Flat Tire? 7 Reasons Not to Repair It With Fix-a-Flat or Slime Tire Sealant
You might get it because a tow feels too expensive. You might get it because it seems easier than changing a tire. You might get it because you don't have a spare. But no matter why you're picking up that can of tire sealant, our advice is: don't!
If you're tempted to replace your spare tire with a can of Fix-a-Flat, Slime, or some other tire sealant, read on to see why stop-leak solutions are a terrible idea for tire repair.
Why You Shouldn't Repair a Flat Tire With Tire Sealant
Cleanup Is a Mess
These products inject a sealant into your flat tire to seal the leak, and a gas to fill the rest of the tire. But sealants leave goo inside the tire, and it's a real hassle for tire shop employees to get all of it off the wheel when they do a tire repair — especially if it's dried on. That could cost you when it's time to replace the tire; worse, the substance could even damage an otherwise repairable tire.
Sure, Fix-a-Flat's FAQ says its product "will not cause harm to most tires when used as directed." But which tires aren't included in that "most tires" caveat? Are your tires the wrong ones? Who knows! It's better to carry a spare tire — or opt for roadside assistance, which will cover more than just flat tire issues.
It's Unsuitable for Colder Regions
Tire sealant can freeze, making it unsuitable for most winters in the U.S. If it freezes in the can, you'll have a heck of a time defrosting it — time you could be waiting for a tow truck instead. Even if you thaw the tire goo out, it could still refreeze inside your tire, knocking your wheel out of balance.
You Can Use Run-Flat Tires Instead
Run-flat tires exist. According to research from AAA, 28% of 2017 model year vehicles didn't come with a spare. If you drive one of those cars, you can bet dollars to doughnuts there are run-flat tires either on or available for your car. Depending on the tire type, they can allow you to drive cautiously on a flat tire for up to 100 miles without damaging your wheel. Nearly every new BMW, many Cadillacs, plenty of Mercedes, and even some Toyotas come with run-flats — just to name a few.
SEE ALSO: Which Motor Oil Is Best for YOUR Car?
Sealant Won't Fix Major Flat Tire Issues
Tire sealant is only useful if you've got a slow leak in the tire or a small hole. If you suffer a more serious encounter — say, with construction debris — the tire goo will not save you. But you won't know if your tire is beyond repair until it's spewing slime all over itself on the side of the road — and maybe all over you.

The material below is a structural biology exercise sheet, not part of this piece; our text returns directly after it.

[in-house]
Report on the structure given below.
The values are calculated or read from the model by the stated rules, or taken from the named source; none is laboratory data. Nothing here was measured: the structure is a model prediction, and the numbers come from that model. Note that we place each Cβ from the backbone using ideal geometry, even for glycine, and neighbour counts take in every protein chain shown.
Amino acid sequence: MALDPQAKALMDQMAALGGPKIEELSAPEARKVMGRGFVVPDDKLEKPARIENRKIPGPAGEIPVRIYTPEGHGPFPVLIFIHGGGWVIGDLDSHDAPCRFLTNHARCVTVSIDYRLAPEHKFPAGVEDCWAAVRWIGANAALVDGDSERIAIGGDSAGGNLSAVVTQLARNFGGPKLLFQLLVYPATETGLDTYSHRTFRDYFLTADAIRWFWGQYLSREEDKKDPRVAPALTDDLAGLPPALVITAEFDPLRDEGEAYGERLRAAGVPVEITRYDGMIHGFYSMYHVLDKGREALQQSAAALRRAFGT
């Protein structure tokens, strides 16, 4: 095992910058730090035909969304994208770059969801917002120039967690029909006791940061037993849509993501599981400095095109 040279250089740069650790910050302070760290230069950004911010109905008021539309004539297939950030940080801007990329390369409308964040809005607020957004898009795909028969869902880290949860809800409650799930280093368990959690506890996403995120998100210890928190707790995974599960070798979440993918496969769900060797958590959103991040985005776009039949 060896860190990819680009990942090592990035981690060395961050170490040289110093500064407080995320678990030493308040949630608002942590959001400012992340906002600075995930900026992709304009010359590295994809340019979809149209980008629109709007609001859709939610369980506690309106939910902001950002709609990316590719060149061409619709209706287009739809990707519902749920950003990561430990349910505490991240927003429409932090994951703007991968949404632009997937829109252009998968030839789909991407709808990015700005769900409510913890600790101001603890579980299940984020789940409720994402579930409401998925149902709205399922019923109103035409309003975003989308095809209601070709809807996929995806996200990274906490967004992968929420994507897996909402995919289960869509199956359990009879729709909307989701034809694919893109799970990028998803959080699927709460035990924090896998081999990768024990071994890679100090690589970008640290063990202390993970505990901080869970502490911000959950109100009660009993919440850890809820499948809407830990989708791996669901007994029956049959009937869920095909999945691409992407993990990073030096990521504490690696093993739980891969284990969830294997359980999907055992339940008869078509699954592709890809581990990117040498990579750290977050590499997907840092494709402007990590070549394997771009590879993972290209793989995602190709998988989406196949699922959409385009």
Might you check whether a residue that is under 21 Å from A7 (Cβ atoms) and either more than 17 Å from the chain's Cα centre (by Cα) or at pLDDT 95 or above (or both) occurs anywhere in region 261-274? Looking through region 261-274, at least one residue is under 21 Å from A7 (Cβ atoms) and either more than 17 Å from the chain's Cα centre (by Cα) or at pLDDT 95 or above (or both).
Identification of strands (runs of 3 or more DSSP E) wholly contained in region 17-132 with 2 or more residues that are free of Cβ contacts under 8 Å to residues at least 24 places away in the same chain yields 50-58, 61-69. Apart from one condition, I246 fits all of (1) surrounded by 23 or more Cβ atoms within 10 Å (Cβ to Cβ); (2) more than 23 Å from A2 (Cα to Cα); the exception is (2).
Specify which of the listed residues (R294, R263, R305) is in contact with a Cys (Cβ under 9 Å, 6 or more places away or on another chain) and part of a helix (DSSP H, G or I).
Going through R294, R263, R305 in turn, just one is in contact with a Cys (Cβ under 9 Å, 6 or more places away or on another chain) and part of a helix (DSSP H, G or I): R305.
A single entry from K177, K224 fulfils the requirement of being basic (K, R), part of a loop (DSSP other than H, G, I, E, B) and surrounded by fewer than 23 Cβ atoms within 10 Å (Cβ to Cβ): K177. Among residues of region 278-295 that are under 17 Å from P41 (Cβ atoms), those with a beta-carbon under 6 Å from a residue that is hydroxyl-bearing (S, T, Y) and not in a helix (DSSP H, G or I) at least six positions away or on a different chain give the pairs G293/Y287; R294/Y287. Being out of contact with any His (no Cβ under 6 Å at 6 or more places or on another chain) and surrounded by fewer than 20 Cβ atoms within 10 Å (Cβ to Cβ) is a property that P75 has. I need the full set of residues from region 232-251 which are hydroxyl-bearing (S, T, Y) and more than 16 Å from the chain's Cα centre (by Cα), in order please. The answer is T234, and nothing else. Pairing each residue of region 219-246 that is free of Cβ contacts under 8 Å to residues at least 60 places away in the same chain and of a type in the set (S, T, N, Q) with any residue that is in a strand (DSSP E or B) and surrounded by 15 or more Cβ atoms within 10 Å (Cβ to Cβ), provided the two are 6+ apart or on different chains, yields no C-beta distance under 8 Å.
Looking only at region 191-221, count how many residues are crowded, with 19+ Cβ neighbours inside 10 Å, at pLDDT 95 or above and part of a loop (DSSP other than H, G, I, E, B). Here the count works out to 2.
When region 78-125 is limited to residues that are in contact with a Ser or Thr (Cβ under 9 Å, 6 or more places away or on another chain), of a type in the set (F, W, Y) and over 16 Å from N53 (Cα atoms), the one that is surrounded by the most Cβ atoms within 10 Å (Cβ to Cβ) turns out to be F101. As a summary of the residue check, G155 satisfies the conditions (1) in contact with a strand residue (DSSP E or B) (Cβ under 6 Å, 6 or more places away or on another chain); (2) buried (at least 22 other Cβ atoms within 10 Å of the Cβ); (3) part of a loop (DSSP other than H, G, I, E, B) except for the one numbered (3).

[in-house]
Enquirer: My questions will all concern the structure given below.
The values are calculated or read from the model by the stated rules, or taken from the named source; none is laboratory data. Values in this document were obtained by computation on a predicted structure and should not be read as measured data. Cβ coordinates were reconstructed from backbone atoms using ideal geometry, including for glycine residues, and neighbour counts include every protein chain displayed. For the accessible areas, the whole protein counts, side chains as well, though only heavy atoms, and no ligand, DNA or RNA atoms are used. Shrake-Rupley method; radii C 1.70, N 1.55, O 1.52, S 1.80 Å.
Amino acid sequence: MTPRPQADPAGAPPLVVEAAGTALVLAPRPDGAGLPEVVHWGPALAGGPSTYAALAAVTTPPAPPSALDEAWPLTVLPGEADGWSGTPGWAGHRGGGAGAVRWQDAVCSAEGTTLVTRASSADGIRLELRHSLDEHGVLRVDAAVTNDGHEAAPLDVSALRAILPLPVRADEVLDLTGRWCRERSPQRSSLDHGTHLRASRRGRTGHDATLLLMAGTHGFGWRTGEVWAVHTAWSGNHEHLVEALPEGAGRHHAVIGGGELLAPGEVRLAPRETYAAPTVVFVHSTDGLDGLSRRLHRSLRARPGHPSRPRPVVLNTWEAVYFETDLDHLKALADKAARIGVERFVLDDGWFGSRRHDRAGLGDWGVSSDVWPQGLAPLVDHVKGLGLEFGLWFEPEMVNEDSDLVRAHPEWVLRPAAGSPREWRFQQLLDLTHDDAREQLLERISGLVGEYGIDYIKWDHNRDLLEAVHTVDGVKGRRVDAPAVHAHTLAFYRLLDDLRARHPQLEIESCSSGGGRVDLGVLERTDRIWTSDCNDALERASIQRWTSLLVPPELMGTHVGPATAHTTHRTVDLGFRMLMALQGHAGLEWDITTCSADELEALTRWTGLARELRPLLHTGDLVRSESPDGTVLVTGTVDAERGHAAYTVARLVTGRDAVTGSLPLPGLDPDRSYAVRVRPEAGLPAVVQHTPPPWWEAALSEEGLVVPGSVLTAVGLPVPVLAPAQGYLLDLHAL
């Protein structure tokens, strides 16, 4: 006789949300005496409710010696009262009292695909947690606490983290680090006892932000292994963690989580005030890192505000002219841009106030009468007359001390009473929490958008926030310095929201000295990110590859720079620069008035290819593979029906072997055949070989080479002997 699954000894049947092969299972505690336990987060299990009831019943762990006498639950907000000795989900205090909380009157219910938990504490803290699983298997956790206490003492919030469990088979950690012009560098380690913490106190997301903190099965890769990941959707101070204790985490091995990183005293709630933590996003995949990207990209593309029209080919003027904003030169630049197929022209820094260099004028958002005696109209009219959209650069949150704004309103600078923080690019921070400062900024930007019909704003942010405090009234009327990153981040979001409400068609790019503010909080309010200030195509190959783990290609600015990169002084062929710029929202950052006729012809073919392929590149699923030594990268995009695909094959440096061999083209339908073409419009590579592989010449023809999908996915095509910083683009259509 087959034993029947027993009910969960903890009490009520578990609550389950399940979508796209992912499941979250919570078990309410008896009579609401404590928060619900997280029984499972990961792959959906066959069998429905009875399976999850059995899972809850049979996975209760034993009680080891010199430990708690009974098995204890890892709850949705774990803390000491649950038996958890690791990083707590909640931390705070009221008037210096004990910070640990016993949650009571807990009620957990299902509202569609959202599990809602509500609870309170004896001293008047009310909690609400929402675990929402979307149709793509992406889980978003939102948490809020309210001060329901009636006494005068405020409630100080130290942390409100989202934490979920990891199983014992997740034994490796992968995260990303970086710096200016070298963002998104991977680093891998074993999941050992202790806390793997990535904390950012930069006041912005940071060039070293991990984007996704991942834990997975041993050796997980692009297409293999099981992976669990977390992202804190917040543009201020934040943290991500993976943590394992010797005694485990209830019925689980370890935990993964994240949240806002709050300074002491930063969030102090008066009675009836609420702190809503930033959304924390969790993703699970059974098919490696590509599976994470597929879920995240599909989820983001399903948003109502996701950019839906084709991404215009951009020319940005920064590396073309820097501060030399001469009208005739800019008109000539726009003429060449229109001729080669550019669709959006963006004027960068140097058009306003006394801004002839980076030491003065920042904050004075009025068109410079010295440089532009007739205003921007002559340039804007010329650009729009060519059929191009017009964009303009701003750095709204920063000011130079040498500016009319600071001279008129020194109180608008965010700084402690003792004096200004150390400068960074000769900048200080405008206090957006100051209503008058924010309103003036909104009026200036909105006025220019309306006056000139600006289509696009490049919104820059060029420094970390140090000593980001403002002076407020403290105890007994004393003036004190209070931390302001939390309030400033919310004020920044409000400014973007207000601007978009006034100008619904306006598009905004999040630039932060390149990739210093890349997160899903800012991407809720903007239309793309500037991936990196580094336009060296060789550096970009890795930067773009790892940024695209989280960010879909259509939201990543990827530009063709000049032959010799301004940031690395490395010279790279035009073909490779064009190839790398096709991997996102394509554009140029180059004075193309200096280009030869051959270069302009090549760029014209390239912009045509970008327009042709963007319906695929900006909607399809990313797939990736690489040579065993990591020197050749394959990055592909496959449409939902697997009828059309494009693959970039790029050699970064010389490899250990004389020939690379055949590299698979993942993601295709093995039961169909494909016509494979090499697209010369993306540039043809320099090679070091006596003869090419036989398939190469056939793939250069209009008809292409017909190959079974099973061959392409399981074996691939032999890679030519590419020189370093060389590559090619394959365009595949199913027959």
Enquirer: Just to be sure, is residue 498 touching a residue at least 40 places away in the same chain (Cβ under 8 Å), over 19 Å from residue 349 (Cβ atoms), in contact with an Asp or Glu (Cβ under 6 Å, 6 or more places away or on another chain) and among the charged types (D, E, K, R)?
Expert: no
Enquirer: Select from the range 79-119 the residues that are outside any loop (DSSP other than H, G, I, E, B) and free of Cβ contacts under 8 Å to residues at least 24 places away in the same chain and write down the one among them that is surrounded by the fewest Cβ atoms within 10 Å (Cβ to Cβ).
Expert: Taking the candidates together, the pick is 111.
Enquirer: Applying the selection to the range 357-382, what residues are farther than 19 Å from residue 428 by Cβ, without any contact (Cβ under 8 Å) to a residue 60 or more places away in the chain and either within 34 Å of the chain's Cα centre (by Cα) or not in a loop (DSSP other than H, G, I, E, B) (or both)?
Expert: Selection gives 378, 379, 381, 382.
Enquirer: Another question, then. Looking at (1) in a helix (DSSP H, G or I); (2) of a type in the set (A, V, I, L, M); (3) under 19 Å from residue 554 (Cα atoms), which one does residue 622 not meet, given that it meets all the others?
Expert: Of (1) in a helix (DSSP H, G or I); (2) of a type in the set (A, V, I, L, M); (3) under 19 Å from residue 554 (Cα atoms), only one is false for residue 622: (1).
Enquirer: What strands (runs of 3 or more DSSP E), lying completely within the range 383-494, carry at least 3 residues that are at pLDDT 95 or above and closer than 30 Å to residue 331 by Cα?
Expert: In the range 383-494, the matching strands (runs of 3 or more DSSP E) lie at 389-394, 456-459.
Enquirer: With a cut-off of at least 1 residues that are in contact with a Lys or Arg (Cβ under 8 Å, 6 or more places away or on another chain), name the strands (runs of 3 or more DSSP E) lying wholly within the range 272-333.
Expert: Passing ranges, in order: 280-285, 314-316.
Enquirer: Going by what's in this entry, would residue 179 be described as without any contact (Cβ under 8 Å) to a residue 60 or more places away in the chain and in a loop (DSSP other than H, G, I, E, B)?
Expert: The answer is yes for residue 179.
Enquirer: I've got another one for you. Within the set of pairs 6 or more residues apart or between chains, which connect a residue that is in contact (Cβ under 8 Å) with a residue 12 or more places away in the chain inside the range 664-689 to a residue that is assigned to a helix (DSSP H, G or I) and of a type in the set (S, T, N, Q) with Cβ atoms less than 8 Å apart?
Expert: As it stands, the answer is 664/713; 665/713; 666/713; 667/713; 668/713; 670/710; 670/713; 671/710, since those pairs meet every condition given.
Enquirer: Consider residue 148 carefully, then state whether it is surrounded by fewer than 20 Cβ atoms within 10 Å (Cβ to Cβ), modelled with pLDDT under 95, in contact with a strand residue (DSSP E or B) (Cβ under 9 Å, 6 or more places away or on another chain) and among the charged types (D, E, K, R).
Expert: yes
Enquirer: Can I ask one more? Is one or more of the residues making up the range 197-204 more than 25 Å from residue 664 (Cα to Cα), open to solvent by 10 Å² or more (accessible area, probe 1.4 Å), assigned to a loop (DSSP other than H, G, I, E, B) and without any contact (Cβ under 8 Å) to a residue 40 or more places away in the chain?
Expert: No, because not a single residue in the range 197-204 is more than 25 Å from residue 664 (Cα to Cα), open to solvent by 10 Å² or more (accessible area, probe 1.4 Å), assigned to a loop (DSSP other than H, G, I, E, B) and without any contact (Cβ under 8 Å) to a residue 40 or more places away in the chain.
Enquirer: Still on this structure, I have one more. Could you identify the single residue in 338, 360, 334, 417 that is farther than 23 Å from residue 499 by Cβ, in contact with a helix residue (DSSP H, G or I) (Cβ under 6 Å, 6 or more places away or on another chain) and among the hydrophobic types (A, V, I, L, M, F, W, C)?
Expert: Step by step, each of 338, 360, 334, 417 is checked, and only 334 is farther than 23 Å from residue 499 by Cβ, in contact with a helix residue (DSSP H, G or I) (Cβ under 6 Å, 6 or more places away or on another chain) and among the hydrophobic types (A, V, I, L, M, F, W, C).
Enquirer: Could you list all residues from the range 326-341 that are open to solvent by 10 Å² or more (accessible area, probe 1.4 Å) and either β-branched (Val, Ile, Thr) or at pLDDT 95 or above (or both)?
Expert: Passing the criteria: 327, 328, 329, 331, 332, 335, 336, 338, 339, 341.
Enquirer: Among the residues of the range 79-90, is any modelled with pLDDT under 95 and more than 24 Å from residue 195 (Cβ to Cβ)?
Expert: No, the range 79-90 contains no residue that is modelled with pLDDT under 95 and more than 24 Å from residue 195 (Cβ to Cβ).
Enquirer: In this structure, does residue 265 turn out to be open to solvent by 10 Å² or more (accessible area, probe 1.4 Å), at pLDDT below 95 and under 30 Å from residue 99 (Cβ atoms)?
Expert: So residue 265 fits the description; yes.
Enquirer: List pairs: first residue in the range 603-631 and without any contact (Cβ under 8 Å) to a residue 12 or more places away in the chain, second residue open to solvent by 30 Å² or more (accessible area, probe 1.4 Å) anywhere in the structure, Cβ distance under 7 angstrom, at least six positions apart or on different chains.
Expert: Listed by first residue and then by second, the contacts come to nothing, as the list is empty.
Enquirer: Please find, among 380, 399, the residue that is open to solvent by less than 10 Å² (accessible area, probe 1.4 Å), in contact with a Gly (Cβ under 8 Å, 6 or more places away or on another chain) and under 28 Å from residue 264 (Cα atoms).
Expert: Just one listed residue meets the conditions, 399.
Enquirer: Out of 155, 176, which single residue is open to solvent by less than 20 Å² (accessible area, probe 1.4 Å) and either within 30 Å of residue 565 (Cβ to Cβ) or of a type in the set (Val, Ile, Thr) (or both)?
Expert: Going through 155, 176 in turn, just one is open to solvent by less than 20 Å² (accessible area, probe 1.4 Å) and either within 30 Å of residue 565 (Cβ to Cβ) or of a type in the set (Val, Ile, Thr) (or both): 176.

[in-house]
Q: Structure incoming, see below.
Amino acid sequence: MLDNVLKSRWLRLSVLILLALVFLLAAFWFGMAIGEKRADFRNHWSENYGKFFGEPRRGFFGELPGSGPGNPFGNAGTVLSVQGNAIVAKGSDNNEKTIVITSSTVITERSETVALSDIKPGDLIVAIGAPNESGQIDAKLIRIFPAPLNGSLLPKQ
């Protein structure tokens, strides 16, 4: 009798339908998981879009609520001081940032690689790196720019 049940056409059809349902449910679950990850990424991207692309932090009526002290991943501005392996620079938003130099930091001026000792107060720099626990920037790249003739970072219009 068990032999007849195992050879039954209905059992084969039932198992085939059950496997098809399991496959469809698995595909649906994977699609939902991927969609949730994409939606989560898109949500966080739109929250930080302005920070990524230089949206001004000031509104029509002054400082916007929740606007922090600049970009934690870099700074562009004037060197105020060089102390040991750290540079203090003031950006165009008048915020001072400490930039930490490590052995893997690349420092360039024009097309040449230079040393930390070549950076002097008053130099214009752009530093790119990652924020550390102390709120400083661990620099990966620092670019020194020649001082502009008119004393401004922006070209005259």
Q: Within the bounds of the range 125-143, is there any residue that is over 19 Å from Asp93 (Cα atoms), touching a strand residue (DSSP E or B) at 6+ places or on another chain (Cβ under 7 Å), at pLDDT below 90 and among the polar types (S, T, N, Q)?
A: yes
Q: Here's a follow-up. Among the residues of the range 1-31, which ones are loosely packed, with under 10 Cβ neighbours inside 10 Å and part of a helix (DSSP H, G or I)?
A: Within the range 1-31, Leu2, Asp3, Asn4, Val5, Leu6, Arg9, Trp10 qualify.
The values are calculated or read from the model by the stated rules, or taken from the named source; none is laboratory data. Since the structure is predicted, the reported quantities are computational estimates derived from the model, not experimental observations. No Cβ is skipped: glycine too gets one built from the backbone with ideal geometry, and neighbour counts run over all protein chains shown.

It Could Ruin Your TPMS
Every new car sold in the U.S. in the last decade or so has had a tire pressure monitoring system, which can alert you to a leaking tire before it becomes a critical issue. Tire sealants can clog your TPMS. If it's not cleaned promptly, this could ruin a sensor.
A clog isn't the only thing to worry about. If you leave some sealants in the flat tire for too long, this could also damage a sensor. Still, some tire sealant companies insist their product is TPMS-safe — and some car manufacturers specifically say not to use tire sealants.
Motorcycles Can't Use It for Flat Tire Repair
If you're a motorcycle rider, tire sealants definitely aren't for you. Tire sealants like Fix-a-Flat and Slime are intended for use in the tubeless tires found on cars and trucks. Some motorcycle tires still have tubes, and the goo won't even seal a tube leak, much less keep it closed. Further, throwing the wheel balance out of whack is more dangerous on a motorcycle than a car.
Even sealant brands such as Fix-A-Flat warn against using their products on motorcycles.
Tire Sealant Requires Immediate Action
If you're too busy to deal with and fix a flat tire properly, you're definitely too busy to deal with a costly car repair.
When you fill a tire with goo, you're supposed to proceed directly to a tire repair professional. But sometimes it's Sunday, the shop is closed, and you can't get there until Monday evening because you still have to go to work. But then you have just one more errand to run, and then it's time for dinner.
SEE ALSO: 5 Ways to Prepare Your Car for Winter
Whatever the reasoning, if the sealant sits for too long, it can harden and corrode your wheels. Maybe it'll freeze, or dry funny, and now your tire is severely out of balance. Maybe it takes out your TPMS sensor. Suddenly that cheap repair costs hundreds of dollars.
Good News! Tire Sealant Won't Explode Now
Manufacturers once used dimethyl ether for the gas in Fix-A-Flat, which is highly flammable. Road debris stuck in your tire could create sparks, potentially igniting that compressed gas. Luckily, this isn't the case anymore.
Any canned compressed gas is dangerous if you throw it into a fire. But manufacturers have generally switched to using HFC-134a (or a comparable propellant) in tire sealants, which is nonflammable. If you've got an ancient can of sealant lying around, dispose of it carefully. But if your tire sealant uses a nonflammable gas like HFC-134a, there's no need to worry about explosions.
You still shouldn't use it, though.
Readers, do you carry a can of tire sealant in your car? Or do you opt for a spare tire and/or roadside assistance? Let us know how you fix a flat tire in the comments below.